Community-acquired pneumonia in adult HIV-infected patients: Course, treatment, and prevention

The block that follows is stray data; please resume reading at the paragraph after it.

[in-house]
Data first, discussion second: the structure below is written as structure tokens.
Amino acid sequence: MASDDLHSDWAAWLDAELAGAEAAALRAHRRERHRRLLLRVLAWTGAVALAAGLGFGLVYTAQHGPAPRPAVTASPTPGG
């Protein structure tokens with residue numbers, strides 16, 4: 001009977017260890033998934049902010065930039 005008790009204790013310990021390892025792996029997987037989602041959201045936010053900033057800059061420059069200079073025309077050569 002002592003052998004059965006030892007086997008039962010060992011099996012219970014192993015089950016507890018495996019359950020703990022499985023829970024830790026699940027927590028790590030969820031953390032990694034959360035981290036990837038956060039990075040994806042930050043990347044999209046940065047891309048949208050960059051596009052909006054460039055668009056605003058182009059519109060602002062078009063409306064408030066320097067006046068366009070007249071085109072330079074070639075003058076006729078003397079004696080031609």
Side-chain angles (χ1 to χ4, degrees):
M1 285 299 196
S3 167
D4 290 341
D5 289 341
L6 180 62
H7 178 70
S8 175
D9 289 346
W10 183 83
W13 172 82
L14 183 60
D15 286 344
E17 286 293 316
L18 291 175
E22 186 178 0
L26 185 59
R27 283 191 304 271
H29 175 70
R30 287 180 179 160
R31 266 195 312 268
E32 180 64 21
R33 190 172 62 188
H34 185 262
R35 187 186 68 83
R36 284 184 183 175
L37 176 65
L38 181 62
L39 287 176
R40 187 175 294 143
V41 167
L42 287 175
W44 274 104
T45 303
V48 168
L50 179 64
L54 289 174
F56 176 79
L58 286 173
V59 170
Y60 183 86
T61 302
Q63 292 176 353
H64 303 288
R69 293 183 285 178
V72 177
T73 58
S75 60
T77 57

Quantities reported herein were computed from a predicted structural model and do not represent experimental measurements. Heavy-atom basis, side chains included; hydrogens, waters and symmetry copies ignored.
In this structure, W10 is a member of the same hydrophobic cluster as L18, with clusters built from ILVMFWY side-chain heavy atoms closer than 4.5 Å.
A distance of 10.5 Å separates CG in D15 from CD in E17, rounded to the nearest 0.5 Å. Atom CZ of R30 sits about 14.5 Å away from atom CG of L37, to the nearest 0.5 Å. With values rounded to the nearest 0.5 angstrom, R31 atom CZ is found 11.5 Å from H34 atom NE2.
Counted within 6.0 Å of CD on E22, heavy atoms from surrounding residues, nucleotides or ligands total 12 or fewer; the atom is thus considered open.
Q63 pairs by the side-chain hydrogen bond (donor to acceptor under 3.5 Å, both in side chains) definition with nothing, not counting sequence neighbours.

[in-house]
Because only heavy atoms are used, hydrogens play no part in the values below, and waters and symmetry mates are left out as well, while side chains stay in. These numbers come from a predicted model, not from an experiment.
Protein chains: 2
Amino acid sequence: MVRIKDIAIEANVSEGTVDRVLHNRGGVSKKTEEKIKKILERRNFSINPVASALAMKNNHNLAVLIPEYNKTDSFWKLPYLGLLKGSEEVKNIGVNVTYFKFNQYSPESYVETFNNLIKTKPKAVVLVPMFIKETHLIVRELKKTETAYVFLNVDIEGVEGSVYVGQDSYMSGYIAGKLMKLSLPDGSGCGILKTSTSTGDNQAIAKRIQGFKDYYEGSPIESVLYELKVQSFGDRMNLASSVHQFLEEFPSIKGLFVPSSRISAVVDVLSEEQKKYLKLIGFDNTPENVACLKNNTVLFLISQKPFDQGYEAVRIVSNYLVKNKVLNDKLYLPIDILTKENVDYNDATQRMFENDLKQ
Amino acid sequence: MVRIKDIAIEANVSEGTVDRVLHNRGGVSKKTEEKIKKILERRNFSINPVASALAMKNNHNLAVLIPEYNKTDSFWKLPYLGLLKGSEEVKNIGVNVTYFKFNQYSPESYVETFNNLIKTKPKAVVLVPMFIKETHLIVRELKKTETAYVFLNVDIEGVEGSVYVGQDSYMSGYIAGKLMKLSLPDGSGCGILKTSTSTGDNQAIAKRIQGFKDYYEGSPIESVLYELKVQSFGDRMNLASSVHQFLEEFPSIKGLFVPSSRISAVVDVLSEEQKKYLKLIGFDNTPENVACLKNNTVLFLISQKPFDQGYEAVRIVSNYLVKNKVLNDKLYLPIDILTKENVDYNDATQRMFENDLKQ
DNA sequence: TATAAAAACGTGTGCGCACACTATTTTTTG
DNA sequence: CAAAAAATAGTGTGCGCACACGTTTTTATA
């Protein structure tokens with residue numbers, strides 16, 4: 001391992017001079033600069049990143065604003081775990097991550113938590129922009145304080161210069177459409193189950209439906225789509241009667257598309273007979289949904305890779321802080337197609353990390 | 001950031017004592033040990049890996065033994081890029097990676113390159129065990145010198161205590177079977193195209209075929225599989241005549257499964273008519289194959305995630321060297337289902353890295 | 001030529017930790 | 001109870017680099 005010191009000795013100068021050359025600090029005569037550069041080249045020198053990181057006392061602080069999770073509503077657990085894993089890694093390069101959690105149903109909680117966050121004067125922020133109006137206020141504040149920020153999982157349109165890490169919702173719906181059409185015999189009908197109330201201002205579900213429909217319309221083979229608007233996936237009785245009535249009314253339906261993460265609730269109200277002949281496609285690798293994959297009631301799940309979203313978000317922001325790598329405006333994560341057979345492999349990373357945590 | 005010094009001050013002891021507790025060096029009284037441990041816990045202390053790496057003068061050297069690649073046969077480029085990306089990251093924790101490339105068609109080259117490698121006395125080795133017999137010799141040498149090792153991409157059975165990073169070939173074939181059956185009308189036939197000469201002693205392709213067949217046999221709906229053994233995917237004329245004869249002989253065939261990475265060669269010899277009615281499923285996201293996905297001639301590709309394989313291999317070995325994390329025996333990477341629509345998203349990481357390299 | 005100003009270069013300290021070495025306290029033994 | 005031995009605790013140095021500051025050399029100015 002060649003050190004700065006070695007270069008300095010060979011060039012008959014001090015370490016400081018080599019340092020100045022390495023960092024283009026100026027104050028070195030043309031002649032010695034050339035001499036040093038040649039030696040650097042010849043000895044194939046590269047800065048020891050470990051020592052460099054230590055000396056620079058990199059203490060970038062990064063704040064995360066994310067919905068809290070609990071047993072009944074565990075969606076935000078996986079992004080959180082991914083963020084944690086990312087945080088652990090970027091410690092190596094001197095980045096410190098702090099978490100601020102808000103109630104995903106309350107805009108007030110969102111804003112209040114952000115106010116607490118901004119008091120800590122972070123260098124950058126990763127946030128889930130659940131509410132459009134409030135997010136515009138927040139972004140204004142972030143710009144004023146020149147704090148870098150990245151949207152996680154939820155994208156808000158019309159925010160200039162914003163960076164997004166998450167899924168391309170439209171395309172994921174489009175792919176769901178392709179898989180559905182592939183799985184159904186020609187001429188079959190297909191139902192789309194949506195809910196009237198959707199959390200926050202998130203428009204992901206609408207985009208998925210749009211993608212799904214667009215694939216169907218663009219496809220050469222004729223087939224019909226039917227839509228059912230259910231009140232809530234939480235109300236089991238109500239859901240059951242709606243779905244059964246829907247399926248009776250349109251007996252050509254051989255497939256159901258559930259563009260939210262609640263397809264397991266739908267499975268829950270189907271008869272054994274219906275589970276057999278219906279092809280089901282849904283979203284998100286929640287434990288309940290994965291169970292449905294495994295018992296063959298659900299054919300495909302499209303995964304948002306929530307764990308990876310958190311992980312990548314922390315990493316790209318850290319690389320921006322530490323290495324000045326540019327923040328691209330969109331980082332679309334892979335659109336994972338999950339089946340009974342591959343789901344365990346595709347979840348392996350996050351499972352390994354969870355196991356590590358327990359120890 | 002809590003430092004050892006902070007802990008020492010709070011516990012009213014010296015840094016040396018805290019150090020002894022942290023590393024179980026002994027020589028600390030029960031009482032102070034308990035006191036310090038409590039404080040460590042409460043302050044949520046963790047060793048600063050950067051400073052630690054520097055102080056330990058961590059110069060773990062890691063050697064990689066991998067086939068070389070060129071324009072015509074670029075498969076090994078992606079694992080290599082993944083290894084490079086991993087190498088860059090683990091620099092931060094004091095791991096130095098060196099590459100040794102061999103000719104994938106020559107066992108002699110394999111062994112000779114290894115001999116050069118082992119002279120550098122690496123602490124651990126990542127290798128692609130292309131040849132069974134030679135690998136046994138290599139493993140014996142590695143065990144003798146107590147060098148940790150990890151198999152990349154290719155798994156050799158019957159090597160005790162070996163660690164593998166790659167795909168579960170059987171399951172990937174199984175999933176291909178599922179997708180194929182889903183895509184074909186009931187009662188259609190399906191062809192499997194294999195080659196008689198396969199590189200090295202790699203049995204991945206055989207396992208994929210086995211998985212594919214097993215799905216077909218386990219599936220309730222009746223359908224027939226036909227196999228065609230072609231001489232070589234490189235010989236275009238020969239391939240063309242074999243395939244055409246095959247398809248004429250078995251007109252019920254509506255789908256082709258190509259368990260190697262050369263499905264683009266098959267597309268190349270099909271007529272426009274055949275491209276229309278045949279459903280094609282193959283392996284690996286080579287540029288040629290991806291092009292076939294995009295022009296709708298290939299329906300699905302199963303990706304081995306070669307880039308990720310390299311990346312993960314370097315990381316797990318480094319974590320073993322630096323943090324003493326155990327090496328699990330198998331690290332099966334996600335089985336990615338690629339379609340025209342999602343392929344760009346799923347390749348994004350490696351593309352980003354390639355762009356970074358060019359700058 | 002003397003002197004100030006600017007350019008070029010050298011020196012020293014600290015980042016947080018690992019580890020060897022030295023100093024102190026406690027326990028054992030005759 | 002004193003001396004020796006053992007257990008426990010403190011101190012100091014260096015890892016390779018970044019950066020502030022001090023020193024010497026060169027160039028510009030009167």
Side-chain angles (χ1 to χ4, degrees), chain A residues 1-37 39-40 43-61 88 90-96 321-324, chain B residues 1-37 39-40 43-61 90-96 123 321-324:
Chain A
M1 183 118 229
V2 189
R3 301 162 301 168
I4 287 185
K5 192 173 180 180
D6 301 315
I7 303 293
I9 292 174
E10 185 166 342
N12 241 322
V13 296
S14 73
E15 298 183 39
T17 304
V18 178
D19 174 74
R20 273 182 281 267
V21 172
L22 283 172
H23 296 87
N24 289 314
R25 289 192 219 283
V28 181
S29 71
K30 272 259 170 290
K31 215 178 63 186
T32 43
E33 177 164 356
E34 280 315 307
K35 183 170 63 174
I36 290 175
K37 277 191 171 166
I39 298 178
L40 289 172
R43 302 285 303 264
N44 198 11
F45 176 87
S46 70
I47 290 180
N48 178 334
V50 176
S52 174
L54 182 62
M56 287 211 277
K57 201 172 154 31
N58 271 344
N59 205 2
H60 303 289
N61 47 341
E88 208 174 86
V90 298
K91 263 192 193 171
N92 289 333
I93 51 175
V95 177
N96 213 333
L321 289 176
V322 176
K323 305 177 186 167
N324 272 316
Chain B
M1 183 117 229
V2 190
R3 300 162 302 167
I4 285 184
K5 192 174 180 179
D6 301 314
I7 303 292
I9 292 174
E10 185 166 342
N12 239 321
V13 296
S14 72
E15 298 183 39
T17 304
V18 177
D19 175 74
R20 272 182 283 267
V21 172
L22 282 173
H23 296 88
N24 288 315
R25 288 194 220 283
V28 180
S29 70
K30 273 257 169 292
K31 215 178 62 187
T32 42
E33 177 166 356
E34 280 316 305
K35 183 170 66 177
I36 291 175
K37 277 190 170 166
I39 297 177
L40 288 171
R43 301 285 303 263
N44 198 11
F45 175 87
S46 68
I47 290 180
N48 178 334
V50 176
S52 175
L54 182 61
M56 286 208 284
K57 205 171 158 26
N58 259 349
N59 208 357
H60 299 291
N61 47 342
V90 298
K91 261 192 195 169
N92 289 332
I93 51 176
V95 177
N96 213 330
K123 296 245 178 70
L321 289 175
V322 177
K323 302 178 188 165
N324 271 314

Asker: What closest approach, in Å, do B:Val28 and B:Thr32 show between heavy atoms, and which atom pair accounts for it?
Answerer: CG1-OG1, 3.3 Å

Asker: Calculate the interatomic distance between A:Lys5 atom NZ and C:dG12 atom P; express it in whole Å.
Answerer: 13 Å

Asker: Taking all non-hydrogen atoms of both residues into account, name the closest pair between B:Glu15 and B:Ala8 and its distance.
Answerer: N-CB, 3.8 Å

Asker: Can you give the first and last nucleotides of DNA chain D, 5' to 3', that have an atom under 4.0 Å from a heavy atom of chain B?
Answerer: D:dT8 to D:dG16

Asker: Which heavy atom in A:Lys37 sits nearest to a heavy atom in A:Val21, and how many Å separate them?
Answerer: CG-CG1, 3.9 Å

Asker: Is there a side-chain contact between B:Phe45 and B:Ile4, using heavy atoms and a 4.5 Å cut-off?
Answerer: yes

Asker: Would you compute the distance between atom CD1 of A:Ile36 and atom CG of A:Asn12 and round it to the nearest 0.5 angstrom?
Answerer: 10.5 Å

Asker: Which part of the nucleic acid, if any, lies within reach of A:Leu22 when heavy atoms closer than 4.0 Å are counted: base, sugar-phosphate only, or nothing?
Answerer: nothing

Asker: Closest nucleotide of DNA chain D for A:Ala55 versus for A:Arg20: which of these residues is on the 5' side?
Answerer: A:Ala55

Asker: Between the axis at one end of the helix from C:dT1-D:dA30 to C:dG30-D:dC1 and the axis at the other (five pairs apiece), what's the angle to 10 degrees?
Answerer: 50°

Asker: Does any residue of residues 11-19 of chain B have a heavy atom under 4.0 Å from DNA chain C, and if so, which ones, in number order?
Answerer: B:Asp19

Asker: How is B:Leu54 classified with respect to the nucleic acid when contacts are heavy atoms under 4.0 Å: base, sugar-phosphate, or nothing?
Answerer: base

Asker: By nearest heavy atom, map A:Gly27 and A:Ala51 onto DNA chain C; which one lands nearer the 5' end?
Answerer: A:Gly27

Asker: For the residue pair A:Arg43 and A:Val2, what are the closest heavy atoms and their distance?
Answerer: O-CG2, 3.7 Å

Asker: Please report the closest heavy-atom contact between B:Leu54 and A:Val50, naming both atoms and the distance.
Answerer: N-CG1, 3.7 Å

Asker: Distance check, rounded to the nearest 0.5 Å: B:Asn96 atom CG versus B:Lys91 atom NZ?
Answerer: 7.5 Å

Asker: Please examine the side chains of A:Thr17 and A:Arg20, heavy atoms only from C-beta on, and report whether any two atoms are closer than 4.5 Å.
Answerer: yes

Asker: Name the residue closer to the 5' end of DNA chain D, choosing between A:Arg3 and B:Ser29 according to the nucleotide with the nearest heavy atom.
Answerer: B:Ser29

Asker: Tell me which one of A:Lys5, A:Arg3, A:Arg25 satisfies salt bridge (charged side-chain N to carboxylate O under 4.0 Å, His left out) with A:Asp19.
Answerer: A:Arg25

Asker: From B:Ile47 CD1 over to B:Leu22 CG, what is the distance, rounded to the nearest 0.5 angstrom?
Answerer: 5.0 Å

This is a review of published data on community-acquired pneumonia (CAP) in adult HIV-infected patients. Morbidity of bacterial pneumonia in HIV-infected patients is 5-to 10-fold higher than that in general population. Wide use of antiretroviral therapy (ARVT) is associated with a reduction in mor-bidity of CAP in HIV-infected patients, but this reduction is not as significant as for other opportunistic infections. The most important risk factors for CAP are drug abuse, tobacco smoking, HIV-associated immunosuppression, hepatic cirrhosis, not to be treated with ARVT or ARVT withdrawal. Severe, complicated and invasive course of CAP and poor outcomes are seen more often in HIV-infected patients compared to general population. Bacterial pneumonia should be differed from pneumonia caused by Pneumocystis and from tuberculosis, especially in endemic countries and in patients with insidious onset of the disease. The standard therapy of CAP is applied in all patients independently of HIV status. However, administration of fluoroquinolones is restricted in regions with high prevalence of multi-drug resistant tuberculosis in HIV-infected patients before tuberculosis is excluded. Several studies have demonstrated that, in case of false initial diagnosis, 10-day monotherapy with a fluoroquinolone could form the resistance of Mycobacteria tuberculosis against this drug; this significantly complicates further treatment of tuberculosis and increases the treatment cost. Beta-lactams are not effective against tuberculosis; in 2016, WHO excluded macrolides from the list of medications for therapy of tuberculosis due to their low activity against M. tuberculosis. Therefore, empirical therapy of CAP in HIV infected patients should be started with combination of beta-lactam antibiotic and modern macro-lide. A strong protective effect of PPV23 vaccine against CAP was confirmed in HIV-infected patients, but the highest protective efficacy was seen in patients with relatively preserved immunity compared to patients with CD4 < 200 cells × μL-1.